Fibromyalgia is a life-altering condition affecting 2-4% of women, men and children of all backgrounds worldwide to suffer. (That’s 10 million Americans alone.) The illness can strike suddenly or occur as a gradual increase in symptoms, indicating changes in the central nervous system (neuroplasticity). Sensory information (such as light, sound, and touch) becomes amplified by the CNS, causing the brain to respond with increasing pain and symptoms. FM severity waxes and wanes; often increases over time; and may become disabling.
Through research/innovation seed funding raised at Together Walks, new exploration in areas such as small fiber neuropathy, cervical cord compression, and myofascial release may bring promising new treatments.
What is the Virtual Together Walk? It is pretty simple. Follow these easy steps to participate:
1. Register (Click the Join button above at top of page.)
2. Set a goal for yourself and set up your fundraiser. Raise awareness and funds in your local community to support the efforts of the National Fibromyalgia & Chronic Pain Association.
3. Form a team of your friends, neighbors, support group members, and family. Or choose to participate on your own, knowing you are part of something bigger! You make a difference!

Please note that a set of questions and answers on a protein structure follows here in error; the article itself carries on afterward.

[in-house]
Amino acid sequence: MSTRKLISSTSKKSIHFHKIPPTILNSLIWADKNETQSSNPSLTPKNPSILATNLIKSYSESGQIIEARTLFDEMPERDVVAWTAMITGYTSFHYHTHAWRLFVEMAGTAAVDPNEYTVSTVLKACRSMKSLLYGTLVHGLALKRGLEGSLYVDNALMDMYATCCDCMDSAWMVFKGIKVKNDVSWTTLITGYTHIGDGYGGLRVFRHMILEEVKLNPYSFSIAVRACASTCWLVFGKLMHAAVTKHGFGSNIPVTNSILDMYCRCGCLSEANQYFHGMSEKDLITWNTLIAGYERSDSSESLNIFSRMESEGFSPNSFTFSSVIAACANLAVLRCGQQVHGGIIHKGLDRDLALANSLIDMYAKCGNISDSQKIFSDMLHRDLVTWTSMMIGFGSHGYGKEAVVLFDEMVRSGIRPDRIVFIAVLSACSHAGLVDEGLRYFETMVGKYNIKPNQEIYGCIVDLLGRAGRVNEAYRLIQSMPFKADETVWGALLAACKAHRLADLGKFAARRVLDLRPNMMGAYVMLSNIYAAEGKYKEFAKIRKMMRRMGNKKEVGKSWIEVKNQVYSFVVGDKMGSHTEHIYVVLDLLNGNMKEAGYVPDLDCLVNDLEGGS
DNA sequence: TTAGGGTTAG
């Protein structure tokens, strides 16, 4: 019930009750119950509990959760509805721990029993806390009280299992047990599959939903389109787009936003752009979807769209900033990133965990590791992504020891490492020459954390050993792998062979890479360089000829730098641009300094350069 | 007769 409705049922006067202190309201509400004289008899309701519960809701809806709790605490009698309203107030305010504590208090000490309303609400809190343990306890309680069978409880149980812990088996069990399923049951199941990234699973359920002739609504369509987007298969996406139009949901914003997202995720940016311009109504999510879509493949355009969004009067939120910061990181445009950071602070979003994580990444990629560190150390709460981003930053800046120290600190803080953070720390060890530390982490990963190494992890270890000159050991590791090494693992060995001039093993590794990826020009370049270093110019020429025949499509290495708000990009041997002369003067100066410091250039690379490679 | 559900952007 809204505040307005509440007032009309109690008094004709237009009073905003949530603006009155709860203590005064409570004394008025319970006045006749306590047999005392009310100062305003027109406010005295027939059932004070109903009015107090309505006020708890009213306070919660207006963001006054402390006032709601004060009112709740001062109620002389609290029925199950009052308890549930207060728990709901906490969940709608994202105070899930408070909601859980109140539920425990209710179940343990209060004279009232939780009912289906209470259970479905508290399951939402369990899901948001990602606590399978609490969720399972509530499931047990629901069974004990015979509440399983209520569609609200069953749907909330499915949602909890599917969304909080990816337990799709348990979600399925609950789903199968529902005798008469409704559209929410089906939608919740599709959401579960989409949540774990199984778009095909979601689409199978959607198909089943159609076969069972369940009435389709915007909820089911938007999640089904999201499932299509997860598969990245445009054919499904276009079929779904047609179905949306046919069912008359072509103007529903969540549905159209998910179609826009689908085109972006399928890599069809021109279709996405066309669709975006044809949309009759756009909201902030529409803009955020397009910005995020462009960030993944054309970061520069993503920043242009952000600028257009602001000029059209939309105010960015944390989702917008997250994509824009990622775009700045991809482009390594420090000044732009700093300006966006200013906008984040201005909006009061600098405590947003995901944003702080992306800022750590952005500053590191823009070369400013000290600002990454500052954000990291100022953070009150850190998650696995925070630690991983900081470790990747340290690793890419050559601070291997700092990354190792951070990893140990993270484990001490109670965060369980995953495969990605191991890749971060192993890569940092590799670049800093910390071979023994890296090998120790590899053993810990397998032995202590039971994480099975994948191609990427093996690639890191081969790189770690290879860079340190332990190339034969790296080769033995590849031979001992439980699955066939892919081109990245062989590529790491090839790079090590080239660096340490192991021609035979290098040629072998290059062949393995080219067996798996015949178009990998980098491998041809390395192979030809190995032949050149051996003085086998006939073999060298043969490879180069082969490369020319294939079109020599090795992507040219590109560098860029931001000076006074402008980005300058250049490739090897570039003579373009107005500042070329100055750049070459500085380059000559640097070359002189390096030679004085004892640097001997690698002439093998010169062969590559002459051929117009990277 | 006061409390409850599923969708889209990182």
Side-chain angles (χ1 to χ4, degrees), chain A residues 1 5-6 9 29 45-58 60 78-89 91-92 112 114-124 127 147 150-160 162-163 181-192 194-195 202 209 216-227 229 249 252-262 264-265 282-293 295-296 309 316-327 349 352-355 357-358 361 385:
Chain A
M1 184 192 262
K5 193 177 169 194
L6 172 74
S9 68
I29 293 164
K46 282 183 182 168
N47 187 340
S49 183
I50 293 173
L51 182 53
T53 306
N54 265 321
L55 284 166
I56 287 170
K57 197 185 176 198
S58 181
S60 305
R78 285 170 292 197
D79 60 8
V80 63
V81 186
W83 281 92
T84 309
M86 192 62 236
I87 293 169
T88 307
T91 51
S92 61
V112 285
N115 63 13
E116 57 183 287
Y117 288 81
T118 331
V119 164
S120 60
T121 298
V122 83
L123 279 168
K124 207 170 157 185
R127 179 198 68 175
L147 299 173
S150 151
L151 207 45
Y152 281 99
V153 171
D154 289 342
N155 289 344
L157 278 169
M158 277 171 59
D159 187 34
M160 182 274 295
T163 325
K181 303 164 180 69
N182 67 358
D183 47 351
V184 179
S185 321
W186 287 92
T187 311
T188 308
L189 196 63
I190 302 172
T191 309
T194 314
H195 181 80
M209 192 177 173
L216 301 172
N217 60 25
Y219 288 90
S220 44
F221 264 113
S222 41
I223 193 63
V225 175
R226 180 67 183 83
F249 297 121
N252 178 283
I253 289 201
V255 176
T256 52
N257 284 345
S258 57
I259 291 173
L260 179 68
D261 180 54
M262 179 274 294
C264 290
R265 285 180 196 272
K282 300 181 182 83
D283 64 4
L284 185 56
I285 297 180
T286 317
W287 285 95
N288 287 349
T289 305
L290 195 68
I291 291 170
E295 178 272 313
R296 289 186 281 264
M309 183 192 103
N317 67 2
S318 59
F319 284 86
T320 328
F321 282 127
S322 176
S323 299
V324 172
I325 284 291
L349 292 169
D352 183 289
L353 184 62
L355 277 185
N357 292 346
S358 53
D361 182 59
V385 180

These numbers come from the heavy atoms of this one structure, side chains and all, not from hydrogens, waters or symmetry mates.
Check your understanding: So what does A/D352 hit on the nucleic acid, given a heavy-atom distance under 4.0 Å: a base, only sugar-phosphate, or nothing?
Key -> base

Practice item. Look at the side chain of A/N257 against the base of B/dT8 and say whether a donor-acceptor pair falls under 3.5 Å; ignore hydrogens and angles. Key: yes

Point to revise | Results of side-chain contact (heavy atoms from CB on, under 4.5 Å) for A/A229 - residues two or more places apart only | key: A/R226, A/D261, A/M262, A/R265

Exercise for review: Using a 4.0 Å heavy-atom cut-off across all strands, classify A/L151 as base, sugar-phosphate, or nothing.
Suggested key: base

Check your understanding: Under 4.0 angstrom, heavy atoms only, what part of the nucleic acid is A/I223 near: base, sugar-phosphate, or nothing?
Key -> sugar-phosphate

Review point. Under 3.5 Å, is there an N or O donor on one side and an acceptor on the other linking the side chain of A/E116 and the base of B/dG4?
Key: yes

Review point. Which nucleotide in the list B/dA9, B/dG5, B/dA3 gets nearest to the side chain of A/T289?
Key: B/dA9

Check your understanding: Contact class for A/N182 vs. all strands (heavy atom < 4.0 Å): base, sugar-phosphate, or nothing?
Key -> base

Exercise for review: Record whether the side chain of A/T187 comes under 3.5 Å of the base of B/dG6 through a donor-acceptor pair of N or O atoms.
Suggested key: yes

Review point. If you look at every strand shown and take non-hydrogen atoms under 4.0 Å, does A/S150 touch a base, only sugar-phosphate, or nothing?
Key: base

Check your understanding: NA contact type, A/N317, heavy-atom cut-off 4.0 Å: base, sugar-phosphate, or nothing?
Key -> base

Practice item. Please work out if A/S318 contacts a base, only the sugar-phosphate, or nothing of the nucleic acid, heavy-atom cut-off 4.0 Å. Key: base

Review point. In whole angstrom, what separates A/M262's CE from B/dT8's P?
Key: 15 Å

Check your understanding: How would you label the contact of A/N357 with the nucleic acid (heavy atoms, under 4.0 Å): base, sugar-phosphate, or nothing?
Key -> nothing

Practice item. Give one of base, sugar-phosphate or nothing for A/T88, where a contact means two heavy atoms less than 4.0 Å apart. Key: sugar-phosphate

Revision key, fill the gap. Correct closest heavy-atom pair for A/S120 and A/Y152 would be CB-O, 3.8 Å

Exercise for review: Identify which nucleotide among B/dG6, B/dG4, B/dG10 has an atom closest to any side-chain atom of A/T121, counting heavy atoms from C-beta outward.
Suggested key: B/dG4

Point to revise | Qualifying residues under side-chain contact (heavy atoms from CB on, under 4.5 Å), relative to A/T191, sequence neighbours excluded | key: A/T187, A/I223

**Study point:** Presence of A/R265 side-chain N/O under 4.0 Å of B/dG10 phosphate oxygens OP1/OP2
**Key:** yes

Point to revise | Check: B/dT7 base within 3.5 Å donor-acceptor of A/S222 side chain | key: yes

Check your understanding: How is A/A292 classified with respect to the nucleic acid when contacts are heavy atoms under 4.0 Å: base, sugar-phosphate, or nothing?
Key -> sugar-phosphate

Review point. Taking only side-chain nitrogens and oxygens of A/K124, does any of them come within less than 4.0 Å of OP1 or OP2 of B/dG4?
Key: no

4. We will send you a link to order the official Together Walk T-shirt.
5. A virtual walk can be done in two ways: online or in your community. Choose your distance: you may walk around the block, do a 1K walk at the local mall, or even try a longer walk or run around your neighborhood. Do what you can. There is no distance too short. Be creative if you are unable to walk by forming a team online and fundraising with friends.
6. Strolling, walking, or running is best scheduled during the week of Fibromyalgia Awareness Day (May 12).
7. Take a photo of you and your team with a “Together we make a difference” sign and share it with the hashtag #togetherwalks on social media and tag us @togetherwalks on Twitter, Instagram, Facebook and YouTube. Use your imagination – your voice matters!
This is an opportunity for people with fibromyalgia to have an action-oriented, healthy event for their friends, family, neighbors and healthcare providers to support them in a positive and uplifting way. These walks are foundational for the NFMCPA to continue strengthening its four tenets: increase of support, awareness, education and research globally.
As a participant, you will have access to educational materials about fibromyalgia and enjoy live-streaming of presentations from medical professionals with expertise in fibromyalgia and pain disorders at other Together Walks across the nation.
The NFMCPA thanks you for your continuing support and looks forward to walking with you.
Can you imagine what can be done together when there is a walk in every state and across the globe? If you are interested in hosting a Together Walk in 2017, please contact the NFMCPA at firstname.lastname@example.org.